Sarin et al. defined four subtypes of gastric varices (Figure 1). Gastro-oesophageal varices (GOVs) are associated with oesophageal varices along the lesser curve (type 1, GOV1), or along the fundus (type 2, GOV2). Isolated gastric varices (IGVs) are present in isolation in the fundus (IGV1) or at ectopic sites in the stomach or the first part of the duodenum (IGV2). Gastric varices may be primary (at initial presentation) or secondary (appearing after obliteration of oesophageal varices). GOV1, the commonest at 70% of gastric varices, are also known as cardial varices. GOV2 and IGV1, at 21% and 7% of gastric varices, respectively, together referred to as fundal varices. The incidence of bleeding is highest with IGV1 (78%), followed by GOV2 (55%), and much less for GOV1 and IGV2 at 10%. Although the mortality rate with GOV1 is high, endoscopic treatment of GOV1 is likely to be more successful than the other subtypes.

Video Endoscopic Sequence 4 of 25.

 Sarin et al. defined four subtypes of gastric varices
 (Figure1). Gastro-esophageal varices (GOVs) are
 associated with esophageal varices along the lesser curve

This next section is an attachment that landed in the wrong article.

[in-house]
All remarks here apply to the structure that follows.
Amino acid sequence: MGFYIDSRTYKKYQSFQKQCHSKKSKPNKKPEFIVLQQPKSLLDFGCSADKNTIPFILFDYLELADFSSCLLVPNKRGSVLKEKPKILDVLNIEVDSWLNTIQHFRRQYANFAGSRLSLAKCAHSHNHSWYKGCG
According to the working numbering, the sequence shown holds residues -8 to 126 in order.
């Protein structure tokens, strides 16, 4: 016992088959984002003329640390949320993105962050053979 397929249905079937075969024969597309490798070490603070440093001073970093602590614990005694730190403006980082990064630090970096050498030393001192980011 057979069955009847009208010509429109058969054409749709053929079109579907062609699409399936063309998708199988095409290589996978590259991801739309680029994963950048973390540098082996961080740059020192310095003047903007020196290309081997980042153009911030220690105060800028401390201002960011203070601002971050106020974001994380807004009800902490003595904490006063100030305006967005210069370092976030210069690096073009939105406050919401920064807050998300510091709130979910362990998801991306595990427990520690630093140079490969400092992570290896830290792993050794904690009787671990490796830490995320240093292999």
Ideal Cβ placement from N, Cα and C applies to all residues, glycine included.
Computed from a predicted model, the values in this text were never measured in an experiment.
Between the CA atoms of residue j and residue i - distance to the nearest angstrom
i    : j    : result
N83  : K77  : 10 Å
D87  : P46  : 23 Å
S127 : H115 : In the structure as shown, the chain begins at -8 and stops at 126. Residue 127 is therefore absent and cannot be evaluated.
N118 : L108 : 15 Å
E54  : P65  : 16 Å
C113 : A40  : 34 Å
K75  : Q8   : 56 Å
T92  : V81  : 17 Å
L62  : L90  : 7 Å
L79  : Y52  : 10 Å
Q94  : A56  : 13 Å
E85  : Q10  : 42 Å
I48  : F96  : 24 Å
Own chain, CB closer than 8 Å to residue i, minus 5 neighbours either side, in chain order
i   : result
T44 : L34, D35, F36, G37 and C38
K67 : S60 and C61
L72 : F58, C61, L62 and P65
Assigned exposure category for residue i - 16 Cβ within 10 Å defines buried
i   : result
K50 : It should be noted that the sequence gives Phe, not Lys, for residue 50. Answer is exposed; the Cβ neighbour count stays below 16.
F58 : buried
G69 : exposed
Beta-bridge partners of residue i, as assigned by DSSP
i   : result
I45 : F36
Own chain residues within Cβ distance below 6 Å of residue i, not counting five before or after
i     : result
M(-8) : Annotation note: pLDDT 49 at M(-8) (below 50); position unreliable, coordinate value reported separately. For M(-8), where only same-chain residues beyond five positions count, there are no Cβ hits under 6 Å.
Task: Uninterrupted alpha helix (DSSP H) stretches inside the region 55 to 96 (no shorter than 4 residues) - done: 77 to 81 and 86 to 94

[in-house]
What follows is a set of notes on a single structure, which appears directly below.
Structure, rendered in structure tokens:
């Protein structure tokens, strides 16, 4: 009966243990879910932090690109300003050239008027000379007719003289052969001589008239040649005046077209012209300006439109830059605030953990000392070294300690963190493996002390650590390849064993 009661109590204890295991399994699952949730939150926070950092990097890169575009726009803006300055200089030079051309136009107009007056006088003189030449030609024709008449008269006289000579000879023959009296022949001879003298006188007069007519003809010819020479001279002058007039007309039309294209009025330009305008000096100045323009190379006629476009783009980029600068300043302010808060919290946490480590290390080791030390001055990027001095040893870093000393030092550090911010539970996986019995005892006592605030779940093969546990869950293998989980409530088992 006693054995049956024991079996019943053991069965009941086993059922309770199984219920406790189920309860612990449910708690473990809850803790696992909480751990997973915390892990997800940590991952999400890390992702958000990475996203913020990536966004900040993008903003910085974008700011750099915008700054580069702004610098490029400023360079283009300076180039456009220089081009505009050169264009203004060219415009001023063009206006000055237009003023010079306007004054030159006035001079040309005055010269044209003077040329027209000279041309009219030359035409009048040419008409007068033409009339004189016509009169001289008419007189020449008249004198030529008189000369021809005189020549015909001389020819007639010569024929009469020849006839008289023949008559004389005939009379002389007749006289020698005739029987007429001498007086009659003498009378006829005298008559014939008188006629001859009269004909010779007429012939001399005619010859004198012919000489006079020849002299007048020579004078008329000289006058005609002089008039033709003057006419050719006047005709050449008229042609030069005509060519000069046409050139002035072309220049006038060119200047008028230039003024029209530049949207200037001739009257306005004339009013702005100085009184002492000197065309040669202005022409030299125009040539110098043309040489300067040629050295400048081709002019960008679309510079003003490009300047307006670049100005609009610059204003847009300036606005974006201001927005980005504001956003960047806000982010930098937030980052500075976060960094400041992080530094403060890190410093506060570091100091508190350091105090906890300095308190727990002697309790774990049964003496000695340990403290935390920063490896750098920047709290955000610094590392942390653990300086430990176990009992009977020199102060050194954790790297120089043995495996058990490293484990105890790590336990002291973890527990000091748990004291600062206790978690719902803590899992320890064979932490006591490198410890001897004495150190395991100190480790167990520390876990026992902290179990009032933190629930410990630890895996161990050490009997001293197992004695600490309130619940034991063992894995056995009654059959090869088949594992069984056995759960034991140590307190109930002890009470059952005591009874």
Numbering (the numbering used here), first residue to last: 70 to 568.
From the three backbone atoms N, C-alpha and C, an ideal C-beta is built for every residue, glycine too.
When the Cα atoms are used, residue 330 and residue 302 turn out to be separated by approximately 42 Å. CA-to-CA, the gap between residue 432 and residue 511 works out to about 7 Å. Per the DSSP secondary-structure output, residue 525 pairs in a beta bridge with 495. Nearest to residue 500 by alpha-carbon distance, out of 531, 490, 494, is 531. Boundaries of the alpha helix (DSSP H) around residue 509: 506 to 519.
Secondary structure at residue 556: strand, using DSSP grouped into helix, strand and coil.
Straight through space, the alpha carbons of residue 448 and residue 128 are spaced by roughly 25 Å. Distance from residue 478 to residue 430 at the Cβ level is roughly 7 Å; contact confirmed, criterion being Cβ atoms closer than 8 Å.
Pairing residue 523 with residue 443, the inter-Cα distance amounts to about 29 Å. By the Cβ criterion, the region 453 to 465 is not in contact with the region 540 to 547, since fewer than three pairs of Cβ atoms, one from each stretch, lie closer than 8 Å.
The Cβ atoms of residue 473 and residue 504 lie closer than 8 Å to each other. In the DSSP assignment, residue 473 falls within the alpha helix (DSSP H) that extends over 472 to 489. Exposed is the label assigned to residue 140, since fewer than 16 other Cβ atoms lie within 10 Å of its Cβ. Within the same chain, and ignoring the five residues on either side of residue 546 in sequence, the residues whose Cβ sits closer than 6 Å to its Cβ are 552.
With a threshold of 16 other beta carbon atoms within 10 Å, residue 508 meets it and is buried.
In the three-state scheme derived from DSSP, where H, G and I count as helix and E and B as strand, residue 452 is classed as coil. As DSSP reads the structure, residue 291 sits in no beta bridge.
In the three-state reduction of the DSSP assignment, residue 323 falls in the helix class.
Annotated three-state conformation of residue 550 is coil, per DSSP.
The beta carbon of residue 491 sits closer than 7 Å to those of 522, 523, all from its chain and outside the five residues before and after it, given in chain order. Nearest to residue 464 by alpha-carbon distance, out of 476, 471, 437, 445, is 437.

(type 1, GOV1), or along the fundus (type 2, GOV2).

 Isolated gastric varices (IGVs) are present in isolation in
 the fundus (IGV1) or at ectopic sites in the stomach or the
 first part of the duodenum (IGV2). Gastric varices may be
 primary (at initial presentation) or secondary (appearing
 after obliteration of esophageal varices).

 GOV1, the commonest at 70% of gastric varices, are also
 known as cardial varices. GOV2 and IGV1, at 21% and 7%
 of gastric varices, respectively, together referred to as
 fundal varices.

 The incidence of bleeding is highest with IGV1 (78%),
 followed by GOV2 (55%), and much less for GOV1 and
 IGV2 at 10%. Although the mortality rate with GOV1 is
 high, endoscopic treatment of GOV1 is likely to be more
 successful than the other subtypes.

The natural history of bleeding gastric varices differs from that of esophageal varices. Although the risk of bleeding from gastric varices is half that of oesophageal varices, the transfusion requirements and mortality once bleeding has occurred are greater particularly for IGV. It has been reported that patients with large gastric varices have a lower portal pressure than those with oesophageal varices, which may be as a result of the development of gastrorenal porto-systemic shunts, or large size of the varices resulting in increased variceal wall tension.

Video Endoscopic Sequence 5 of 25.

 The natural history of bleeding gastric varices differs from
 that of esophageal varices. Although the risk of bleeding